#NotAgainSU also reopened their GoFundMe “for legal and family expenses” Monday morning. Since it’s original creation on Nov. 13, they have raised over $20,000.
Monday morning, day seven of the #NotAgainSU occupation of Crouds-Hinds Hall, #NotAgainSU shared their new demands via Instagram. The movement is calling for a tuition freeze, more funding and support to be added to programs supporting black and multicultural students on campus and DPS officers to be disarmed.
At 7:45 a.m. Chancellor Kent Syverud issued a statement to the university community via email outlining the university’s response to the events of last week’s protest and plans going forward. The message did not directly address last week’s demands of a meeting between the protestors and board of trustees before April and an investigation into DPS Deputy Chief John Sardino.
At 9 a.m. #NotAgainSU responded with new demands, emphasizing that “accessibility is paramount” for all students.
First, #NotAgainSU is demanding that tuition cost be frozen at $52,210 USD per year. This amount is the total tuition cost for students enrolled in the university after the Fall 2018 semester.
“Students should not have to drop out or take a leave of absence because the increasing cost of this university,” said the post. The original list of demands stated that, “Any increase in tuition should be due to adjustment for inflation, not for reinvestment into the University.”
The added demands also emphasize that Department of Public Safety Peace Officers will not be armed. This demand comes highly contested after protestors last week witnessed DPS Chief John Sardino reach for his waistband during crowd control outside Crouse-Hinds when food was being denied to protestors. #NotAgainSU says that in the instance that armed officers be needed, Syracuse Police Department should be dispatched.
The demands also call for the university to reinstate the POSSE Foundation program for Los Angeles and Atlanta, as well as continue and increase funds for the Miami program. The program lost funds in 2014, and THE General Body criticized the university for that decision during their 18 day sit-in of Crouse-Hinds Hall.
The increased funding request was also raised for the Higher Education Opportunity Program (HEOP), Student Support Services (SSS) and Our Time Has Come Scholarship, all of which support students of color. And the call for free printing and laundry services would alleviate this additional financial burden for students, said #NotAgainSU.
Finally, the movement calls for the housing selection process to prioritize students with disabilities saying, “Students in ODS should be able to rank their preferences for the type of room and/or specific halls.”
The university is tracking the progress of the demands met and signed by Chancellor Syrverud from last semester’s mediation, under the office of diversity and inclusion website.
On the seventh day of the Crouse-Hinds protest, Chancellor Syverud sent out a campus-wide email apologizing for the events of last week and outlining his next steps. Administration allowed protestors to remain in the building throughout the weekend and all suspensions issued last week were revoked.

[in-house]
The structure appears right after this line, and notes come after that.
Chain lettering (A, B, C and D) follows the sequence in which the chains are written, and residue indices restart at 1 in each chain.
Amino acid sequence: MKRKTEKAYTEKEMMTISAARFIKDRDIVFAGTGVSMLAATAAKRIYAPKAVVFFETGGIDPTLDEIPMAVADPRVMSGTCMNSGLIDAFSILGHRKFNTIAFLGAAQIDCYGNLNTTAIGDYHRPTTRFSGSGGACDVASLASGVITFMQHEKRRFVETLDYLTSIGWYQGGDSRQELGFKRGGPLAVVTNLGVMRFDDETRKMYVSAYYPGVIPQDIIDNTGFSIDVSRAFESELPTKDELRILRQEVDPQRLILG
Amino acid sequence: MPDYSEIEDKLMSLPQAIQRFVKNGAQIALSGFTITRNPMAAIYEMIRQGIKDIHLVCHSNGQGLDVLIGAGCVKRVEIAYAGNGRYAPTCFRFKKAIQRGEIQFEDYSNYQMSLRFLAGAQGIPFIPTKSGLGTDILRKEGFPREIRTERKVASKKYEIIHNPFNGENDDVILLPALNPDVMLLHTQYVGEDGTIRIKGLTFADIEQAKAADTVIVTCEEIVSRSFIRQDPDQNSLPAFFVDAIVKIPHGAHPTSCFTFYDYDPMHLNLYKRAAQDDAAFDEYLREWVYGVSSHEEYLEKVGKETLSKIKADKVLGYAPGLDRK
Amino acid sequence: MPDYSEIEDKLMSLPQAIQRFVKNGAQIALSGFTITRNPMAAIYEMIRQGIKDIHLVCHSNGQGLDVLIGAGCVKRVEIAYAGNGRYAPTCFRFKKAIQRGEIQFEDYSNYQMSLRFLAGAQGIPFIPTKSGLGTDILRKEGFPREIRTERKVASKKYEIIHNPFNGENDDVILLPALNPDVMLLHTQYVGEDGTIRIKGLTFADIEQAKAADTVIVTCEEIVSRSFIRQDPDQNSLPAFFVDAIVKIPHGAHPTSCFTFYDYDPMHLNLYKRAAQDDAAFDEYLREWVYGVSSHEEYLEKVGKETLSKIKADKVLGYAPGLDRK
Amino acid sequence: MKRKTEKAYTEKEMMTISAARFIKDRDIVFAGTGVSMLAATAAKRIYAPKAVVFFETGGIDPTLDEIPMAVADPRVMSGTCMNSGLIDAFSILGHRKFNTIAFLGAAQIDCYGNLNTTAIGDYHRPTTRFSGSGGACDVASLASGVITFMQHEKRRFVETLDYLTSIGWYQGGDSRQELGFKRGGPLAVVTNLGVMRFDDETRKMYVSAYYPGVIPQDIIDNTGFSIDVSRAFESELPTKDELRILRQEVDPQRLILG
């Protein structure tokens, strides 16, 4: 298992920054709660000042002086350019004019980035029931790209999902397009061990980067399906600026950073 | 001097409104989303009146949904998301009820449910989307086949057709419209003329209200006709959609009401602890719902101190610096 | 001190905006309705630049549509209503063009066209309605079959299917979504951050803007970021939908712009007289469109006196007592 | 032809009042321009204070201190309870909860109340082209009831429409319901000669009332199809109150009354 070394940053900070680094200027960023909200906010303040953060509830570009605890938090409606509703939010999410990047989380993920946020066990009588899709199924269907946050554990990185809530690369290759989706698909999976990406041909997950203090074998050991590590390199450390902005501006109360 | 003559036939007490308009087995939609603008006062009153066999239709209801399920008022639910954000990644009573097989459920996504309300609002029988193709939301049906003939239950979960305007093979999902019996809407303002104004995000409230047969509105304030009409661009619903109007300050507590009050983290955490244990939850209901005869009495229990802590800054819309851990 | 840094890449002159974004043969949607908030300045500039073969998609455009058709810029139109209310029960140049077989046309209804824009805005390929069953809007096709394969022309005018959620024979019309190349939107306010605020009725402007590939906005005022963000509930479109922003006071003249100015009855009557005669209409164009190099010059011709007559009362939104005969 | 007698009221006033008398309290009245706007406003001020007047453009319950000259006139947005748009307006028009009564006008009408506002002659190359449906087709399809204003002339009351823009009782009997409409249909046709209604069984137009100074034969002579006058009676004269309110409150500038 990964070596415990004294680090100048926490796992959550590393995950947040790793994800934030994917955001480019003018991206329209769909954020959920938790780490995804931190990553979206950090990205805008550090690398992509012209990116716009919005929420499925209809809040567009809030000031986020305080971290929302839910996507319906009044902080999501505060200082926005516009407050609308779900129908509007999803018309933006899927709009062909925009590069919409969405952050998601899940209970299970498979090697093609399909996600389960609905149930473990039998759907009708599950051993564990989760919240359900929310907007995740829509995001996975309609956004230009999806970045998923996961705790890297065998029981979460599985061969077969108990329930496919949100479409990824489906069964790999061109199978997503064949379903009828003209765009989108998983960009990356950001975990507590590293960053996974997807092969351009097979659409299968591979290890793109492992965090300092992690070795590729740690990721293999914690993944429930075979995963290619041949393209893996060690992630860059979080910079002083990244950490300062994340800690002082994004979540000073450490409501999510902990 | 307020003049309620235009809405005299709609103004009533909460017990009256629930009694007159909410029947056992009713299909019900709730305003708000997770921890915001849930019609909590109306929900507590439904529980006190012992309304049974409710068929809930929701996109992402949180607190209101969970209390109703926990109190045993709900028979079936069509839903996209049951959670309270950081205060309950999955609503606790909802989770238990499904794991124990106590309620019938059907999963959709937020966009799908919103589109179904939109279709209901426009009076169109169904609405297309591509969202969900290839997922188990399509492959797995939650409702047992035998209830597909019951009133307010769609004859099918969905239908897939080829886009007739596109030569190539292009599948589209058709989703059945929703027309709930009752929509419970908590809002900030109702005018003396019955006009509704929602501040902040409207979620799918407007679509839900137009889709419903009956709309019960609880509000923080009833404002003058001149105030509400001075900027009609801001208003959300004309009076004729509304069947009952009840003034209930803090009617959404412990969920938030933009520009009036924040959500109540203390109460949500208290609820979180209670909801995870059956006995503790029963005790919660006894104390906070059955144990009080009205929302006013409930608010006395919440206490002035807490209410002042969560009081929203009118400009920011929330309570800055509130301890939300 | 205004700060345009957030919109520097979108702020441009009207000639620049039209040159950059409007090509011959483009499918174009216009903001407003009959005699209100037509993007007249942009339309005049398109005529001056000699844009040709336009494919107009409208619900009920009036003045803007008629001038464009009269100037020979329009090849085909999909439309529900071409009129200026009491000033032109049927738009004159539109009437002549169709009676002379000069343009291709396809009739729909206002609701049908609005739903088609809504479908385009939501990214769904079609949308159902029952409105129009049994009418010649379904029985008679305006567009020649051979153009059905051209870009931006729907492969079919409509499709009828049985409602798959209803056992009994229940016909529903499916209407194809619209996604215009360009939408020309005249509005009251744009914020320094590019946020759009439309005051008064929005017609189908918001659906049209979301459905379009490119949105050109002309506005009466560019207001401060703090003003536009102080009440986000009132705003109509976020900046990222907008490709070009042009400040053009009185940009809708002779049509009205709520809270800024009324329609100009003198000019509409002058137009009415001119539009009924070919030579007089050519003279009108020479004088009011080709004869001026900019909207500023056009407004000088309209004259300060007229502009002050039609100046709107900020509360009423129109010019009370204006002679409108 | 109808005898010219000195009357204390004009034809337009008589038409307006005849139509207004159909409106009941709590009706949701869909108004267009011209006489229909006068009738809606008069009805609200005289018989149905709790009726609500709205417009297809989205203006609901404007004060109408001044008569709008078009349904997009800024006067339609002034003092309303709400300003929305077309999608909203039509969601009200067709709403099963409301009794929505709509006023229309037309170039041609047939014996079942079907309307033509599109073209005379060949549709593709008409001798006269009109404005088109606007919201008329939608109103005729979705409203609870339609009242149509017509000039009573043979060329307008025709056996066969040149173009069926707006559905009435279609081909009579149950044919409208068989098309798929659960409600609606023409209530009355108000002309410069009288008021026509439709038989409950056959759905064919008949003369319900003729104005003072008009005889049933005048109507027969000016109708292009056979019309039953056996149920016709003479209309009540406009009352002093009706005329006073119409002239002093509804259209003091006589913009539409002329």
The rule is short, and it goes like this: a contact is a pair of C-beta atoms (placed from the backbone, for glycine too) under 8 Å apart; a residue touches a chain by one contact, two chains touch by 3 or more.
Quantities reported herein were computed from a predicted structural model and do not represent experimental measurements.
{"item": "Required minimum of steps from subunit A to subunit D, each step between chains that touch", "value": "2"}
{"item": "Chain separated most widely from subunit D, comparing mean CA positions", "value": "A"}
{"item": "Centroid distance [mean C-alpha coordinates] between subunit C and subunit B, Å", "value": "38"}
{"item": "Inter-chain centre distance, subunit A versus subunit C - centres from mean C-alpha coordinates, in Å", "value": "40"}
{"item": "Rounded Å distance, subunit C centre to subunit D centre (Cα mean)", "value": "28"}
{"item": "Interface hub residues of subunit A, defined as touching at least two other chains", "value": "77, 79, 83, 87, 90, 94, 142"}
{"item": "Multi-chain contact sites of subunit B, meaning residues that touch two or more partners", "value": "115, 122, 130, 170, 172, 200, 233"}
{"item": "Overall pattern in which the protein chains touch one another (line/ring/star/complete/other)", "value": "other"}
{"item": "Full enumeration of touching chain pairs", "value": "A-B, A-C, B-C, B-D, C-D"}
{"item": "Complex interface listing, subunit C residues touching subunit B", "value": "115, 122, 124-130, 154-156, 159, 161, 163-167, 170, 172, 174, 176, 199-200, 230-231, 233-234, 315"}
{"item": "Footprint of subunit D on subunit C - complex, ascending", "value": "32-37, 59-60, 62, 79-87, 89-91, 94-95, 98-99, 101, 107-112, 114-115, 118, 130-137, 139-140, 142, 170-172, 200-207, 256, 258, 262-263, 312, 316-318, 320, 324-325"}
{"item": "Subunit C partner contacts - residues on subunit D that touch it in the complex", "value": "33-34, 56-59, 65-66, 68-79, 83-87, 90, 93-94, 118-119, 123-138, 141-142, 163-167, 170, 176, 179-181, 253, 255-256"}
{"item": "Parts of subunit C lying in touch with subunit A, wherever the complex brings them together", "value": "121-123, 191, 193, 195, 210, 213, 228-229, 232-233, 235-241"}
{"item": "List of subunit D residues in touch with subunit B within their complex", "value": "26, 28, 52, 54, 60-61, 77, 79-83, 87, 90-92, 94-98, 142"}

“I am not proud of how last week’s events involving student protesters in Crouse-Hinds Hall were handled,” Syverud wrote in his letter. “I take responsibility and apologize to the students—especially those misidentified in suspension letters sent out.”
Syrverud apologized to the university community for distracting from the progress that has been made and clarified all suspensions were lifted. However, #NotAgainSU protestors have reported the suspensions have not been expunged from their records.
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For the student protesters inside Crouse-Hinds, our interim suspensions have not been expunged. To clarify, these suspensions are still on our records and not fully “lifted.“ Our student conduct proceedings are also suspended, leading to uncertainty about the future. These student conduct proceedings can resume at any moment. Our suspensions still remain on our transcripts. #NotAgainSU #NotAgainSUspended #FreeCrouse
Syverud detailed the university’s next immediate steps toward meeting #NotAgainSU demands, which included the enlistment of former United States Attorney General Loretta Lynch, who will lead an independent review of the Department of Public Safety.
“I believe this review is necessary given that concerns have been raised through several channels about how DPS engages with our community and how it has managed various interactions with students, including protestors,” said Syverud in his email.
Syverud has also called for an independent review of Student Experience functions. This effort will be led by a different investigator that was not announced in the email.
Lastly, Syverud expressed faculty and deans will be more involved with the oversight of protests as well as the university’s response. New protocols will be outlined by Interim Provost John Liu alongside deans and faculty across the university.
“Our university is making progress on many fronts—including on the many Campus Commitments, and in identifying, and holding responsible, three students for hateful acts so far,” wrote Syverud.